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Bush's vision for the Middle East

By Robert S. Sargent Jr.
web posted November 17, 2003

On November 6, President Bush gave a speech before the U.S. Chamber of Commerce marking the 20th anniversary of the National Endowment for Democracy. It is a speech Fareed Zakaria in Newsweek called "…one of the most intelligent and eloquent statements by a president in recent memory." William Safire in the N.Y. Times admiringly said, "This speech clearly articulated the policy this Bush will be remembered for." Ignored by much of the mainstream media, it is indeed a different, revolutionary vision.

The speech takes us through a recent history of democracies. "In the early 1970s there were about 40 democracies in the world….As the 20th century ended, there were around 120 democracies in the world." He then brings up the question, "Are the peoples of the Middle East somehow beyond the reach of Liberty? I, for one, do not believe it."

After he gives Japan and Germany as two examples of countries that some predicted would never embrace democracy, he addresses the Islamic countries. "More than half of all the Muslims in the world live in freedom under democratically constituted governments." Examples are Turkey, Indonesia, Senegal, Albania, Niger and Sierra Leone. But there is one spot in the world that democracy has "barely reached:" The Arab states.

Why must we endeavor to make these changes in the Arab world? "Sixty years of Western nations excusing and accommodating the lack of freedom in the Middle East did nothing to make us safe….Therefore, the United States has adopted a new policy, a forward strategy of freedom in the Middle East."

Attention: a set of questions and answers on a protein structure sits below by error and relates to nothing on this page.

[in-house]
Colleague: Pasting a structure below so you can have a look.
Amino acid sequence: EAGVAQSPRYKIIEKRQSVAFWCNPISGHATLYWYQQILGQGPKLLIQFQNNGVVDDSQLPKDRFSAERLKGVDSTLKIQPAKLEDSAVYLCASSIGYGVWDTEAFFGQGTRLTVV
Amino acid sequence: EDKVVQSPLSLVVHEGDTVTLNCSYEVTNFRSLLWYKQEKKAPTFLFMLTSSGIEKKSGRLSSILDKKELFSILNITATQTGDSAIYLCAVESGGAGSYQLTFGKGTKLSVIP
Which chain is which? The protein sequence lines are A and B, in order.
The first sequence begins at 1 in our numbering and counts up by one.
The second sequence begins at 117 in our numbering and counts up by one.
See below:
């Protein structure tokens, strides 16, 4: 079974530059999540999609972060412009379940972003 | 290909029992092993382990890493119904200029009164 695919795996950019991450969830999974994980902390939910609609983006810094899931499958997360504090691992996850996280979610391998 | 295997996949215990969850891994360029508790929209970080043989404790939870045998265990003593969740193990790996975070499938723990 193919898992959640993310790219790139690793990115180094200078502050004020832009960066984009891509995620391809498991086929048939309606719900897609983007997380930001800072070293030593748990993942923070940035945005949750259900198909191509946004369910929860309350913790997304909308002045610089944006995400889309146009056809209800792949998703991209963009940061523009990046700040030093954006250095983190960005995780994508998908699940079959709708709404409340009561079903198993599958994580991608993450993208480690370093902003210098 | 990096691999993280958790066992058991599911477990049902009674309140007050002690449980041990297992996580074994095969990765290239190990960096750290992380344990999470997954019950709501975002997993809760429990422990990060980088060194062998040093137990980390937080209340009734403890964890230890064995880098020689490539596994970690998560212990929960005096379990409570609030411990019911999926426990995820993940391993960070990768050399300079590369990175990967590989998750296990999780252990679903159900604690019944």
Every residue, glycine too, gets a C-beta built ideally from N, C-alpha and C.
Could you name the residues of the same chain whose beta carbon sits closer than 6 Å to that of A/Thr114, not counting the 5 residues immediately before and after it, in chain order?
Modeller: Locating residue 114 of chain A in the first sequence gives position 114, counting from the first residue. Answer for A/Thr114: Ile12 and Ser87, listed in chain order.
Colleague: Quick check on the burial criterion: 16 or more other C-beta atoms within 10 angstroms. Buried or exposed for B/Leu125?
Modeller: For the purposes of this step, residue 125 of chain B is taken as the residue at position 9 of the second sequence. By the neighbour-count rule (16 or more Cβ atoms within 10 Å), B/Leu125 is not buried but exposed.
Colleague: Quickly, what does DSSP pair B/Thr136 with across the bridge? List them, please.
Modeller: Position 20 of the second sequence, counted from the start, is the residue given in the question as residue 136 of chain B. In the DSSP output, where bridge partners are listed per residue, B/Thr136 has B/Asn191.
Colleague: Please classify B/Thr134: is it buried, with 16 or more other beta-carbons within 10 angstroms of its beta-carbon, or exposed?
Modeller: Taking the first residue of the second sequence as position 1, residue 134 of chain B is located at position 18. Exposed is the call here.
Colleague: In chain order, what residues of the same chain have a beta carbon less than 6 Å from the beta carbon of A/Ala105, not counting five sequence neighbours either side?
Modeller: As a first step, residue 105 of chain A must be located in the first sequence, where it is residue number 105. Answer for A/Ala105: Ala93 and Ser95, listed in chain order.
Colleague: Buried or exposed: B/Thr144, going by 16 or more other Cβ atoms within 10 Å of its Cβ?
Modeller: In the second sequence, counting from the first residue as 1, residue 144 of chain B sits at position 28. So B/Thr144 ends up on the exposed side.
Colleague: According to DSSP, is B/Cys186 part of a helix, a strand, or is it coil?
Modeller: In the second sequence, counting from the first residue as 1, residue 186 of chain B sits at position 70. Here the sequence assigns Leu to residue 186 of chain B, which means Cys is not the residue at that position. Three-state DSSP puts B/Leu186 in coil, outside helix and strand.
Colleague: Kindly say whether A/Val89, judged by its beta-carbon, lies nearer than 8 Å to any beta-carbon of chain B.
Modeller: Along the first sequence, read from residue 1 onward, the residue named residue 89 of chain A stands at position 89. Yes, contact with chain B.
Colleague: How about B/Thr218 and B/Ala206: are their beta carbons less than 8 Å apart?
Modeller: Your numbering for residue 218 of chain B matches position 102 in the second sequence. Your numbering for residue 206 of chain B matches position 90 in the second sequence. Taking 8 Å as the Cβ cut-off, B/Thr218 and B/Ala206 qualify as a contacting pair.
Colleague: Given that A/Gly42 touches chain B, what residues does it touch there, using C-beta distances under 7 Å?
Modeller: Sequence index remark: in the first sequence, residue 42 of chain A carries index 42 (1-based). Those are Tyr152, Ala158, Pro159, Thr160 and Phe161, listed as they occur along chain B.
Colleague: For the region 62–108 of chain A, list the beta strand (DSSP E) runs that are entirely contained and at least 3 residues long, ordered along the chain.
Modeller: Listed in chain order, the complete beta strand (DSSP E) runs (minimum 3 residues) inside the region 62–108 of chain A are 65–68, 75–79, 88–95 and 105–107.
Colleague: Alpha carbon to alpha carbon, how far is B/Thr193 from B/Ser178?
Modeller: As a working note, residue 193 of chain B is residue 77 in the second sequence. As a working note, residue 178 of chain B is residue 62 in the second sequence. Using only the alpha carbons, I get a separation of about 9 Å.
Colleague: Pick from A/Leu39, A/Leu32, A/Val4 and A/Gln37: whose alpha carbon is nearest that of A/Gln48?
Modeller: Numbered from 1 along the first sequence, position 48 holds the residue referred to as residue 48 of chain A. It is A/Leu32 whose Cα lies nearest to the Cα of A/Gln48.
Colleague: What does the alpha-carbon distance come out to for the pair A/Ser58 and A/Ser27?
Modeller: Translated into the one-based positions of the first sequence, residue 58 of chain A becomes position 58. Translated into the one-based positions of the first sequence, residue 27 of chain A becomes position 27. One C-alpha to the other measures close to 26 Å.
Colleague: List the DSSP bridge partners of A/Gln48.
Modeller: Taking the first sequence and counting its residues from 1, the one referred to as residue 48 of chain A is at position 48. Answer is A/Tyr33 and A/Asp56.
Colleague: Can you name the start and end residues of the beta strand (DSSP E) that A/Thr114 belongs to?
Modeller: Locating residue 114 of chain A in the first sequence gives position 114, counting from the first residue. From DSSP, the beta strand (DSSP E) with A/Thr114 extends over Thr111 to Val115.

This is the first time since Reagan that a policy, a goal has been articulated for our foreign policy. Reagan, of course, had a purpose: confront Communism. Overpower it with power and technology until we "win" the cold war. (What was the policy or the purpose of the first Bush or of Clinton's foreign policy? I can't think of any.)

After 9/11, we had a choice: continue the sixty years of "excusing and accommodating," or do something. Bush chose the "do something:" Go after the terrorists and change the governments of those countries that harbor them. The vision of the Arab states joining in the world movement towards democracy is truly revolutionary.

Those opposed to Bush and his policies should ask themselves a question. As a feminist, do I believe in the freedoms and equality for women only in this country, or for all women in the world? As a member of the ACLU, do I believe that the constitutional and "natural" rights that we work for in this country should be enjoyed only by us, or by all the peoples of the world? As a member of the environmental movement, do I want a clean environment only in the United States, or do I want to help in correcting the devastating environmental policies of Saddam? As Bush said, "There are…essential principles common to every successful society, in every culture."

The vision seen by President Bush should be a vision embraced by all sides of the political spectrum. However, the way we get there was not addressed in Bush's speech. As Mr. Zakaria asked in his column, "What explains this strange mismatch between a powerful statement of goals and virtual silence about the means?" There must be means to achieve the vision.

In last Friday's (11/14) Washington Post editorial "Rethinking Iraq," it said, "Two days of high-profile consultations at the White House appear to have produced a mandate to speed the transfer of authority to a sovereign Iraqi government, even if that means scrapping the administration's previous requirement that Iraqis first draft and approve a new constitution.…(T)he administration's improvisations…convey unsteadiness; they again raise the question of whether the United States is prepared to stick with its mission in Iraq and with President Bush's goal of establishing a democratic government."

If President Bush can achieve his vision, he will define his presidency for all time, but he must also tell the American people how he will achieve the goal.

Robert S. Sargent, Jr. is a senior writer for Enter Stage Right and can be reached at rssjr@citcom.net.

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